After a mass shooting took the lives of 10 people at a Buffalo, N.Y., supermarket Saturday, the local county sheriff called it a "straight-up racially motivated hate crime."
On Sunday, the alleged actions of the 18-year-old white gunman echoed inside a Palm Beach County church.
"I was telling my congregation today that the devil's job is to keep people in a state of confusion. God created everyone equal but the enemy likes to put things between us," said Bishop Melvin Pinkney of the New Life Zion Temple, an evangelical Christian congregation in Lake Worth Beach.
Original story: At least 10 dead, 3 hurt in Buffalo supermarket shooting
Buffalo authorities say the supermarket shooter, who wore military gear and a helmet camera to livestream his crimes, targeted the store for its predominantly Black clientele. Writings attributed to suspect Payton Gendron reveal a devotion to white supremacist dogma including the so-called "great replacement" theory, which claims minorities - mainly Black people, Jewish people and immigrants - are conspiring to replace white people.
"It's a ludicrous and crazy theory," said Pinkney, who believes it's important to be aware that such false beliefs exist. "These things have got to be brought out to light because more of these kinds of things are going to happen."
He cites the case of the admitted white supremacist gunman who massacred nine Black people during Bible study at the Emanuel African Methodist Episcopal Church in Charleston, S.C., in 2015.
"We go to church and have to be cautious. A white brother walks in to join us and now we have to think, 'Are they here for the good or are they here for the bad?'" Pinkney said.
He believes the periods of isolation imposed by the COVID-19 pandemic era have helped fuel hatred.
"This is what the pandemic has done. It has isolated people and built up more anger toward other nationalities and races," he said. "The Bible says when people come together, we can do anything. We have to come together, people of every color. We cannot segregate ourselves."
'This heinous attack demonstrates the urgent need to denounce and address extremism'
The Buffalo shooting reveals a challenge for communities at large, said U.S. Rep. Lois Frankel, D-West Palm Beach.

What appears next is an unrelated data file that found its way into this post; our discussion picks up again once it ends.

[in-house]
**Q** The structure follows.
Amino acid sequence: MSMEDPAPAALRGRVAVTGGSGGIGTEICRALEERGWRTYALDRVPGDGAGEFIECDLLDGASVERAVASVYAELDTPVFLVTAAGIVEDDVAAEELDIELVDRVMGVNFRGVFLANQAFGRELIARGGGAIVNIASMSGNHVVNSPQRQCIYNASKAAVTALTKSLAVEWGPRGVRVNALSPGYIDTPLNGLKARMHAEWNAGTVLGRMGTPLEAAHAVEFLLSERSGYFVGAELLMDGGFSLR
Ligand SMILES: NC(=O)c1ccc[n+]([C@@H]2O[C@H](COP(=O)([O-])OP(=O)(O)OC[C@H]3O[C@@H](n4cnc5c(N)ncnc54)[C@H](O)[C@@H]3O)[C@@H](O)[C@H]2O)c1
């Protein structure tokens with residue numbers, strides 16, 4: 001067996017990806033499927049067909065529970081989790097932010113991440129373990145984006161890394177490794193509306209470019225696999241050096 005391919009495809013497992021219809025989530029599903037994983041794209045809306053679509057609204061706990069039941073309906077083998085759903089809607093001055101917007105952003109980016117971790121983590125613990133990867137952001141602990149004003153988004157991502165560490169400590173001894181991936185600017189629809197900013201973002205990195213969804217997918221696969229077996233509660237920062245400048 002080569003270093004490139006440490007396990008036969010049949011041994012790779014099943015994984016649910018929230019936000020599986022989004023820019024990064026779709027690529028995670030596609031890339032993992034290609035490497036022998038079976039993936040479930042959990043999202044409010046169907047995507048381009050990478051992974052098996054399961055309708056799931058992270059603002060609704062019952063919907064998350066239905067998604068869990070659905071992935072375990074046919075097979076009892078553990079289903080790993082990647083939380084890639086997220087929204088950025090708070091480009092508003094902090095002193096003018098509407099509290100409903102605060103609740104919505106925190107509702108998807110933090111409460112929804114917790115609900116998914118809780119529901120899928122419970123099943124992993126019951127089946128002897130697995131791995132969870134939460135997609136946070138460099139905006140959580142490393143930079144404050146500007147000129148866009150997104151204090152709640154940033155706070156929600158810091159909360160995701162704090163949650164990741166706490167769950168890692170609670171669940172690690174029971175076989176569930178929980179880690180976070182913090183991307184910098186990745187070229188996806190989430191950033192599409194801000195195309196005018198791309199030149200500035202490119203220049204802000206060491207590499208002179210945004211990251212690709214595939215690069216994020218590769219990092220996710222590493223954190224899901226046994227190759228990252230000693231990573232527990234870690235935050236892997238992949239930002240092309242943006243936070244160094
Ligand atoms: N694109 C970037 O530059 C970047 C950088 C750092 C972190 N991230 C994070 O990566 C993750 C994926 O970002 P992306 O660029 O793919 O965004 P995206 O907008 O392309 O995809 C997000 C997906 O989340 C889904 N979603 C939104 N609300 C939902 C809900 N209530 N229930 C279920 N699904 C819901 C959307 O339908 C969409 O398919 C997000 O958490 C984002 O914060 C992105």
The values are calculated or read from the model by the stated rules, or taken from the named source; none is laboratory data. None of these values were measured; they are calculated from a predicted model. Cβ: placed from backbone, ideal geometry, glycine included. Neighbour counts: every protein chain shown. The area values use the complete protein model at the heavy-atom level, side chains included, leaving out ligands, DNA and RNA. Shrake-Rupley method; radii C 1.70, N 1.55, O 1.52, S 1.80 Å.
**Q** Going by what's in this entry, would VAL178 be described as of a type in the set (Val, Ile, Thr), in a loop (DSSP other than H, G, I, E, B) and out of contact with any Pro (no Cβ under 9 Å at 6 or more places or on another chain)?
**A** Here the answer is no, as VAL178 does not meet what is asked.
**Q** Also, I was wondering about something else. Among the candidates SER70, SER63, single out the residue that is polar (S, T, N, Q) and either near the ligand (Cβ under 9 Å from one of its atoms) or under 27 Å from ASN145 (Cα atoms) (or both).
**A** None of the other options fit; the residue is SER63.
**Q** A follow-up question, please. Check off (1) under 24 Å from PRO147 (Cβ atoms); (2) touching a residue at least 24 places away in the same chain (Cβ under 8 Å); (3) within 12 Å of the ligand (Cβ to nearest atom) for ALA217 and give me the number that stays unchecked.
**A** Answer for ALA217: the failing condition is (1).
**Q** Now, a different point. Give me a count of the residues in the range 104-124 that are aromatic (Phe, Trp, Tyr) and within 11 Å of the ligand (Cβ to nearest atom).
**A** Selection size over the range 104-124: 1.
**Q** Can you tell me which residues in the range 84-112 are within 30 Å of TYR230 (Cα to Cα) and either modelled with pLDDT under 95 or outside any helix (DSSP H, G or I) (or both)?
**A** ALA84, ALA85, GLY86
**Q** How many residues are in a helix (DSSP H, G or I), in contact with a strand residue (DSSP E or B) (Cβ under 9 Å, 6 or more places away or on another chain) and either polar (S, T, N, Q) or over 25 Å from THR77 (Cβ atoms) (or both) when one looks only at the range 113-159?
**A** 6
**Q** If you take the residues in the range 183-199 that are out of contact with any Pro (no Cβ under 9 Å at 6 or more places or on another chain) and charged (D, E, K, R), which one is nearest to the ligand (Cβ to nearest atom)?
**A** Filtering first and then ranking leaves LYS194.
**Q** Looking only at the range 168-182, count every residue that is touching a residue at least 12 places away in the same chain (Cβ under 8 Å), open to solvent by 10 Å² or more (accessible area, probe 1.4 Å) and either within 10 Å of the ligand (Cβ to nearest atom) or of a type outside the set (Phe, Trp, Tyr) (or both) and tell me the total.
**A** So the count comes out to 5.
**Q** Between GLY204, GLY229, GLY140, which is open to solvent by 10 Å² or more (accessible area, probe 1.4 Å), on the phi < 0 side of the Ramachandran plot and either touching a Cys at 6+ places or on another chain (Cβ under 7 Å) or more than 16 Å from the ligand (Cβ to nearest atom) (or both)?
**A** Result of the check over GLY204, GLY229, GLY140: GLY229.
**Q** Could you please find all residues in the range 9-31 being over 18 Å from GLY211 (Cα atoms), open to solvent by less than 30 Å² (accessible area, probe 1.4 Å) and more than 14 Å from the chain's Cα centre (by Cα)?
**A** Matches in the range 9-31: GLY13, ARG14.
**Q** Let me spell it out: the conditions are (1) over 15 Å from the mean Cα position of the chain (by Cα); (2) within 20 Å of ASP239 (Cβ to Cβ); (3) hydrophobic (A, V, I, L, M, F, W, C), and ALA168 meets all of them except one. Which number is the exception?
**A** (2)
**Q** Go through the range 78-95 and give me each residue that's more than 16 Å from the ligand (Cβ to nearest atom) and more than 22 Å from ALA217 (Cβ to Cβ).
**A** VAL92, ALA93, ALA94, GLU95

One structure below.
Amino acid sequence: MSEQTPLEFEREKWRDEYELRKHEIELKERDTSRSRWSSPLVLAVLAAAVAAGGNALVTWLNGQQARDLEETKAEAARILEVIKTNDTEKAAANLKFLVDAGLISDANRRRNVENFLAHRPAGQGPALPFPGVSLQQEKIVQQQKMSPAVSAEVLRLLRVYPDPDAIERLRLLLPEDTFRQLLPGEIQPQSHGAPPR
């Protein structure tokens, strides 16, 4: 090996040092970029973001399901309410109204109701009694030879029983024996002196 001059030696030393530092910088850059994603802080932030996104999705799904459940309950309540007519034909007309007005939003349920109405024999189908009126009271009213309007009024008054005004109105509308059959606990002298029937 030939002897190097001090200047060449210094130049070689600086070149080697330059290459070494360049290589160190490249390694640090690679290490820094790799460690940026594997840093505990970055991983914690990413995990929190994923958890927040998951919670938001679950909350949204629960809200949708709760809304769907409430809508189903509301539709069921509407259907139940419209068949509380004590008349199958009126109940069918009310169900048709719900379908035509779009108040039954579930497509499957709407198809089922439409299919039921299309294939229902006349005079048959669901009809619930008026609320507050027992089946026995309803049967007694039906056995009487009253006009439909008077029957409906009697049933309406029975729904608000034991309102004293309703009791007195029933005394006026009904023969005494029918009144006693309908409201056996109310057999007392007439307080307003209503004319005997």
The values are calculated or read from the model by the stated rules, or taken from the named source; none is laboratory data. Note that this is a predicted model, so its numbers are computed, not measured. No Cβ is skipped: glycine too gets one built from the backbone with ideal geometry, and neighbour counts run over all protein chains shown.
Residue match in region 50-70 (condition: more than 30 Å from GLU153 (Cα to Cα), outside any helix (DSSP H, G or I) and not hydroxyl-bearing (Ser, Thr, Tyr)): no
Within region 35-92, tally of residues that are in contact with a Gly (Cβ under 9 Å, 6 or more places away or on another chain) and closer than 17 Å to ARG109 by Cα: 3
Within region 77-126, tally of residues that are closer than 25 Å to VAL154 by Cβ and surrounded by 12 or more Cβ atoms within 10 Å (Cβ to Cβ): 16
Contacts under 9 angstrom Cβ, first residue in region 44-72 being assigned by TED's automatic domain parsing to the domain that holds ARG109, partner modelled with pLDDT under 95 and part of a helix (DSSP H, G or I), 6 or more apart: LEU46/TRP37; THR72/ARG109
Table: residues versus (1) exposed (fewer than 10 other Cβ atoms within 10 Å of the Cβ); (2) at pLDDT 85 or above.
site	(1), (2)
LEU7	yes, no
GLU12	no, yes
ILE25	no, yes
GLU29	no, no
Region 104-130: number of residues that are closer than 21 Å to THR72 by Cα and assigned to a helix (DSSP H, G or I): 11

"I am deeply saddened about the horrific shooting that took the lives of so many innocent members of the Buffalo community yesterday," Frankel said Sunday in a prepared statement. "Good people must work together to stop hate-fueled and racist crime."
Mass shootings like Saturday's massacre at Buffalo's Tops Friendly Market have targeted a range of communities across the country. In August 2019, a 21-year-old white gunman drove nearly 12 hours to El Paso to kill Mexican shoppers at Walmart, leaving 23 dead. In October 2018, a 49-year-old white gunman attacked a landmark Pittsburgh synagogue, yelling "All Jews must die" during Sabbath services, killing 11.
The Buffalo shooting was yet another in a wave of violent attacks fueled by racist and anti-Semitic motives, said leaders of the Anti-Defamation League (ADL) locally and nationally.
"This heinous attack demonstrates the urgent need to denounce and address extremism," said Sarah Emmons, regional director of ADL Florida. "The perpetrator espoused white supremacist and anti-Semitic views online, views we've also heard shared by politicians and media personalities. We must not allow the normalization of these biased and violence-inducing philosophies."
The ADL notes hate crimes are rising across the country. In 2020, hate crimes against Black people spiked 43 percent from the previous year, the organization reports. That year, the ADL recorded 109 hate crimes in Florida, most of them fueled by "bias against individuals based on their race/ethnicity/ancestry."
In Buffalo, hateful views were accompanied by gunfire from a Bushmaster XM-15 assault rifle, one that was legally purchased, authorities said.
One national organization that advocates for stronger gun-violence prevention laws blamed the gun industry's "embrace of militarization and heightened lethality" for contributing to Saturday's mass shooting.
"Once again, a military-bred assault rifle equipped with a high-capacity ammunition magazine was used for the exact purpose for which it was designed: to kill and injure as many people as quickly and efficiently as possible," Josh Sugarmann, executive director of the Washington, D.C.-based Violence Policy Center, said in a released statement. "In a nation where anyone with a fairly clean record, a credit card, and a self-defined 'mission' can outfit themselves for war, including body armor and other tactical gear, these horrific attacks will continue."
This article originally appeared on Palm Beach Post: Buffalo shooting: Florida leaders call for unity in wake of attack